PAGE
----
Business Insight

Advice for employers on helping working mothers who 'suffer a 3 per cent pay penalty'

Alan Hickey, Head of Legal and Advisory in Peninsula Ireland, on how employers can ensure working mothers do not suffer a pay penalty

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Employers have experienced targeted focus being placed on gender equality, however, other factors can be side-lined or not recognised which also affect equal pay. According to a survey conducted by the Unviversite Paris-Saclay, comparing the earnings of a female employee who has children and one who does not can also alter the pay scale of employees. 

Coined ‘The Motherhood Pay Penalty’, research has further quantified the issue. The survey reports that female employees in France will be paid thee per cent less per child than their female counterparts who do not have children. The survey also argues that male employees suffer no disadvantage at all, regardless of the number of children they may have. 

The author of the study, Lionel Wilner, has called for public intervention to tackle the “unfair” and “noticeable hourly wage difference following childbirth”.  

The findings do not raise new or isolated concerns and similar surveys have been undertaken in the UK regarding the motherhood pay penalty.  However, what can employers in the Republic of Ireland do to tackle this pay penalty?

The October 2016 Low Pay Commission report found that almost a quarter of women working part time, did so to ‘balance caring responsibilities’ and in addition to this, employees on national minimum wage were more likely to be in a single adult household. Arguably this could be interpreted to support the fact that female employees with children are more likely to sacrifice position or pay.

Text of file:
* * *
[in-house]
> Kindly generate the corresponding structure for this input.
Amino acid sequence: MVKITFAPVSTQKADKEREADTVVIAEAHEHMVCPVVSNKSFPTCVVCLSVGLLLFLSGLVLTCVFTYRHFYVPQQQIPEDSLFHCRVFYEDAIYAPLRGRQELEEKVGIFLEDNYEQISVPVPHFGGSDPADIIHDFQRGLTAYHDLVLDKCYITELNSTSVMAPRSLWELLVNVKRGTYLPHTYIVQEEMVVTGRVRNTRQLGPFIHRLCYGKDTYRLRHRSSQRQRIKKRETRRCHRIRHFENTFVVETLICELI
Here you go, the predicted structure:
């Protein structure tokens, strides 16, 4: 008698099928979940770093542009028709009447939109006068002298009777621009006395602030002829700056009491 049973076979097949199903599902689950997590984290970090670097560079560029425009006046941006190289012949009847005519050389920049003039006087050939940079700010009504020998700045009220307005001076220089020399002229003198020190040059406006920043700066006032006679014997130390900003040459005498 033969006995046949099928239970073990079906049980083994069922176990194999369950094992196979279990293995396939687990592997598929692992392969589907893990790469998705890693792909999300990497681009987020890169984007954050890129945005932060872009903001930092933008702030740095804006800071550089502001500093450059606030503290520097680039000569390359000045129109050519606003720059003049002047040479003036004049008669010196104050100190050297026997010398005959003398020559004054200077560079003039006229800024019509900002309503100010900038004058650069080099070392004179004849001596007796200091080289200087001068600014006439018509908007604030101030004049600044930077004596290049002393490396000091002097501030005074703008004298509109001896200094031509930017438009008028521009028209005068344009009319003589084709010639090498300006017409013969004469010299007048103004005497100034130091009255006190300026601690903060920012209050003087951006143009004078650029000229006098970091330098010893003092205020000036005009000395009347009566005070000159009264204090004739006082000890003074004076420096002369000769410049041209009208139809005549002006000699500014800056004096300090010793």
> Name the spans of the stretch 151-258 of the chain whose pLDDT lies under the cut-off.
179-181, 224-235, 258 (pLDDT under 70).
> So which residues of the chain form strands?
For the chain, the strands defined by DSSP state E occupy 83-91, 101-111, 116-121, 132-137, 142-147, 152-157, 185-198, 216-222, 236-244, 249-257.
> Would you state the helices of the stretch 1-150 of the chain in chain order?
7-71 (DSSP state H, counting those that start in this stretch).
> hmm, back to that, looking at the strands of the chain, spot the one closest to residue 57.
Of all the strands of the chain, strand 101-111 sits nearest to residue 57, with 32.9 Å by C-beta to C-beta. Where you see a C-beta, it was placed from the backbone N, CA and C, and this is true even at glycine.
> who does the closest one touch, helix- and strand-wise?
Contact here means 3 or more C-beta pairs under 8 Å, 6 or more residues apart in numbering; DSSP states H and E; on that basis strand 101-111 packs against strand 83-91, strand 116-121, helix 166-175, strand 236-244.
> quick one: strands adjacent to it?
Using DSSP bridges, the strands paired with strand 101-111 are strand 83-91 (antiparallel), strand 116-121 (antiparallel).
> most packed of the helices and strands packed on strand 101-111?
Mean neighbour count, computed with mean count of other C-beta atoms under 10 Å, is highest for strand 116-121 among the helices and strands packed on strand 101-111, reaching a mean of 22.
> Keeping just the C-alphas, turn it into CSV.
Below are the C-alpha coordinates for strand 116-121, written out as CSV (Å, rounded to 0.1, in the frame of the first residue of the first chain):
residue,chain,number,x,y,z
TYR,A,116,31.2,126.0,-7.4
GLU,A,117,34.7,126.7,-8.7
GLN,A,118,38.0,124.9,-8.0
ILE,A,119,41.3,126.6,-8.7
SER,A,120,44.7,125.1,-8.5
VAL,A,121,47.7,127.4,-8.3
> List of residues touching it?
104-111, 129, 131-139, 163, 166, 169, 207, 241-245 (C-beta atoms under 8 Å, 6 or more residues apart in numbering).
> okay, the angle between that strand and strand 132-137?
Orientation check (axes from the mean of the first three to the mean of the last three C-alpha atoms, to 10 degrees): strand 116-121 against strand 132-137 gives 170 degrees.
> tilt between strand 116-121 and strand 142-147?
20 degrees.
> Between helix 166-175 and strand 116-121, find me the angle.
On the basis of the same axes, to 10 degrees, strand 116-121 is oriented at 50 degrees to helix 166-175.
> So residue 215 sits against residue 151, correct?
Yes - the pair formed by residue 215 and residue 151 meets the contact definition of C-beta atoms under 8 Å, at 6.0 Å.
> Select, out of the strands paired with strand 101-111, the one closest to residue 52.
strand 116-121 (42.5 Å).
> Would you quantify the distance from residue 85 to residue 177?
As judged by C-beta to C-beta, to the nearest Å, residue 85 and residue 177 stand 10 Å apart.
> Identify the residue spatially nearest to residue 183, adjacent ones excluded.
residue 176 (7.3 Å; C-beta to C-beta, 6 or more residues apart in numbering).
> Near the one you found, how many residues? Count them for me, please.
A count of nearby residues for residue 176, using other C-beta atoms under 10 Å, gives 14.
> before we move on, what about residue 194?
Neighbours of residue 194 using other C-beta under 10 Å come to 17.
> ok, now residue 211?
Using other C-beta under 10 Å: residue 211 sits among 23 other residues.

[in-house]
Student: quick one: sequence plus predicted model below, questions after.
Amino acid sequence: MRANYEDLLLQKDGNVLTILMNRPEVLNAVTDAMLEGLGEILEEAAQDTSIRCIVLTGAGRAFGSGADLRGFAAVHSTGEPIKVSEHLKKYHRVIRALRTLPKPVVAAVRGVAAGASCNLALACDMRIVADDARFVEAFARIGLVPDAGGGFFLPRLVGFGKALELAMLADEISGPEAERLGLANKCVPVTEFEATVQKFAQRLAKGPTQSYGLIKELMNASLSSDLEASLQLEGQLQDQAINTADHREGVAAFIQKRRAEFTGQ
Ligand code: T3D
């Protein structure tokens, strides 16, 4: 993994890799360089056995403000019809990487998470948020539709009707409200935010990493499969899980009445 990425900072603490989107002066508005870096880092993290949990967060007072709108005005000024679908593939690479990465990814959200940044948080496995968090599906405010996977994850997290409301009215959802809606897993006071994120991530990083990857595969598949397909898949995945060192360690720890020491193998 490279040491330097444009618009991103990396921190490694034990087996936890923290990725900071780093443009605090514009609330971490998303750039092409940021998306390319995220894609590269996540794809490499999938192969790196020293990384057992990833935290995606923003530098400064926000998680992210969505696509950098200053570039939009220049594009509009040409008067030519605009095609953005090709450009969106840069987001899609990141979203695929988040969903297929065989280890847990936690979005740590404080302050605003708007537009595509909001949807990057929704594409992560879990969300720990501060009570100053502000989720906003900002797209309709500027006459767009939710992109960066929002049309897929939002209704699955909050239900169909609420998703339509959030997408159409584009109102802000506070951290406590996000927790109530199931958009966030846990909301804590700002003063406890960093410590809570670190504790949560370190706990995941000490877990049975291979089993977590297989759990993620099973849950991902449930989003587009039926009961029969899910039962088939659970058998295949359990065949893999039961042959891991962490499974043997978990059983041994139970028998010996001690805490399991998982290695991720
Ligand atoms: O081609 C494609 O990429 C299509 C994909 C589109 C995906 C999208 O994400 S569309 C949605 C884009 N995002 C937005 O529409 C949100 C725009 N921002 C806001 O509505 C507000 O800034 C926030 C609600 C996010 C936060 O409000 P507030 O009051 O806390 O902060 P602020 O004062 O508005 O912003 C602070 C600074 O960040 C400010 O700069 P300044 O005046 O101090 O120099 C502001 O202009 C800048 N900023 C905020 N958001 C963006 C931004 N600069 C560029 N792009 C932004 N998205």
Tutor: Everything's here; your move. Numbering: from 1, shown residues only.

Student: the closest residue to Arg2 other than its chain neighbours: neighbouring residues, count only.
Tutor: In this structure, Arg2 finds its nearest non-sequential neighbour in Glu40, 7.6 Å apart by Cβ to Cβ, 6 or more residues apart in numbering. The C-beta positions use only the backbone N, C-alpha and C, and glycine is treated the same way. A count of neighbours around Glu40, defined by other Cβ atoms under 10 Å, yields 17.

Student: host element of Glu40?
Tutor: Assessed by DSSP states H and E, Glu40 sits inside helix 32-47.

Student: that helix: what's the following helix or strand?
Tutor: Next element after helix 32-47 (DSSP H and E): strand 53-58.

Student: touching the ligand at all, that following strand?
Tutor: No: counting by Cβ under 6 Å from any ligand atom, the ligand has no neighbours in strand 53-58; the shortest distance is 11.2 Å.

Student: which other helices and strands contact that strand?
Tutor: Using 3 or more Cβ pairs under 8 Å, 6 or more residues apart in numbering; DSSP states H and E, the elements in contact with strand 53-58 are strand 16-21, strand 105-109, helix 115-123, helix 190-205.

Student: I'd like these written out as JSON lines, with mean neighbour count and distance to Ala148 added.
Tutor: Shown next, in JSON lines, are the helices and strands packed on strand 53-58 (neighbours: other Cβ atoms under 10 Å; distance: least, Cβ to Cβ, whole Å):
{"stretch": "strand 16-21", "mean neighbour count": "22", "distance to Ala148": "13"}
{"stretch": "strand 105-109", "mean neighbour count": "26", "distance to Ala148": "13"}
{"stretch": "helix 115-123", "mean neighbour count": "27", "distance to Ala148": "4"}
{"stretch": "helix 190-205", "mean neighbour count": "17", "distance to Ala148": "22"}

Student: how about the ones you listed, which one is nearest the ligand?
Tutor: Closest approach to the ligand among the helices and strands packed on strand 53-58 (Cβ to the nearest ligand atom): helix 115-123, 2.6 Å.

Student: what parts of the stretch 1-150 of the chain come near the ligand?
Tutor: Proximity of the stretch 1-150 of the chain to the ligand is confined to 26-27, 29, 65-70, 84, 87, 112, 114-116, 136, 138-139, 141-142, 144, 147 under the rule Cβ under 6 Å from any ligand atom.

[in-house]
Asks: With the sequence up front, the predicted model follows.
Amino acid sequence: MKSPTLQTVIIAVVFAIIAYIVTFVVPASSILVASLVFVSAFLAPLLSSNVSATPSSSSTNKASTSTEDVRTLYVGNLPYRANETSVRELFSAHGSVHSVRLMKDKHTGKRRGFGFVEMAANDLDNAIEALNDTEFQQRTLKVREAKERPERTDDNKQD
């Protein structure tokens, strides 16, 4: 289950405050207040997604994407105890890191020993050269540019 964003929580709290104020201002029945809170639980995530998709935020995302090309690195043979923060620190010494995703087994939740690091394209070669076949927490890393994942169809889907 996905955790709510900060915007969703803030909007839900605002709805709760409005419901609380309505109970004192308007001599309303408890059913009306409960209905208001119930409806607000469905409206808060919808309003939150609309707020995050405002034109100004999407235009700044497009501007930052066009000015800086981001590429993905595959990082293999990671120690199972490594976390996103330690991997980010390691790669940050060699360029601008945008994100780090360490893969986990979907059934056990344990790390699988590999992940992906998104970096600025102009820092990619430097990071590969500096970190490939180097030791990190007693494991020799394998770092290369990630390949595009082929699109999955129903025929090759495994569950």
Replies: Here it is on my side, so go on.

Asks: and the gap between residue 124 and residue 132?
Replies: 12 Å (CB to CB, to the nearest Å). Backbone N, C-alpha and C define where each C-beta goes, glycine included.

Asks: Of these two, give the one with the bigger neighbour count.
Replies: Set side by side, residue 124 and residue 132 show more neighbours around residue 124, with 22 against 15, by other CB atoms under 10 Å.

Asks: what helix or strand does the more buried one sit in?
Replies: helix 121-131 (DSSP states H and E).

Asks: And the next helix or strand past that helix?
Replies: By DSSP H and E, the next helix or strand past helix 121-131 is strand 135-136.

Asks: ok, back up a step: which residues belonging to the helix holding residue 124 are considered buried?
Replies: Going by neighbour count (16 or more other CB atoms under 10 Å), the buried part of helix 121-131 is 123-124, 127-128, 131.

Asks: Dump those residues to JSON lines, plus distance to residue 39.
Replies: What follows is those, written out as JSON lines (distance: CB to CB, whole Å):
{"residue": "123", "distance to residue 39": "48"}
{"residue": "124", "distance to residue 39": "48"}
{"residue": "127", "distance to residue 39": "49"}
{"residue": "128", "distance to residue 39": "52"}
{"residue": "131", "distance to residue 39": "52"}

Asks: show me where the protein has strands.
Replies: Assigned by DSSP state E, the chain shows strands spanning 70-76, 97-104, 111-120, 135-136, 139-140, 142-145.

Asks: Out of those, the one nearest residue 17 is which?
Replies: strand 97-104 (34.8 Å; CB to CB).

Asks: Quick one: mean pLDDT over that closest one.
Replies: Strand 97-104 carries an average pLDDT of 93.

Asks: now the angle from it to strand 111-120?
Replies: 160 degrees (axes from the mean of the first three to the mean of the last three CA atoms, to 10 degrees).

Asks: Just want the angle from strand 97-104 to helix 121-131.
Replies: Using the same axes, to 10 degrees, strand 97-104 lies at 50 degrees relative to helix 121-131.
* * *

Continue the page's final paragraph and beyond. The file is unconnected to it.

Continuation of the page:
Considering an increase in the accommodation of flexible working and encouraging the advancement and parity of part-time positions may positively affect the penalty.

Flexible working can bolster retention regarding mothers who, without some may find themselves having to relinquish working ties or taking subordinate roles. Being able to preserve employment and duties, in a flexible manner may embolden employees to remain within the labour market on comparable salaries. 

In the 2015 OECD economic survey, it was found that the Republic of Ireland had significantly high childcare costs. The report detailed that ‘these high costs can lead to women (as the primary carers) either exiting the labour market altogether or seeking part-time employment in order to offset the full cost of childcare.’

Therefore, extending the offer of child care provisions would certainly assist many mothers who wish to recommence their careers where they left off after having a child. As a costly expenditure, assistance with childcare, be it vouchers or even access to free care may allow many employees to return to their roles and continue to progress. 

Contemplating the treatment employees receive following pregnancy would be prudent for any employer. Many mothers find themselves in a situation where, due to care, they are physically unable to return to work. The provision of caring facilities such as breastfeeding areas will render the employee able, if they so wish to return at their own discretion.  

Returning to work after having children may change the dynamics of employees’ relationships with work. The focus for employers is to recognise alternatives and close the gap on pay discrepancies, where mothers can continue to work without conditions or restrictions thus allowing for continued and unbridled access to career and progression. 

Alan Hickey is head of legal and advisory in Peninsula Ireland 

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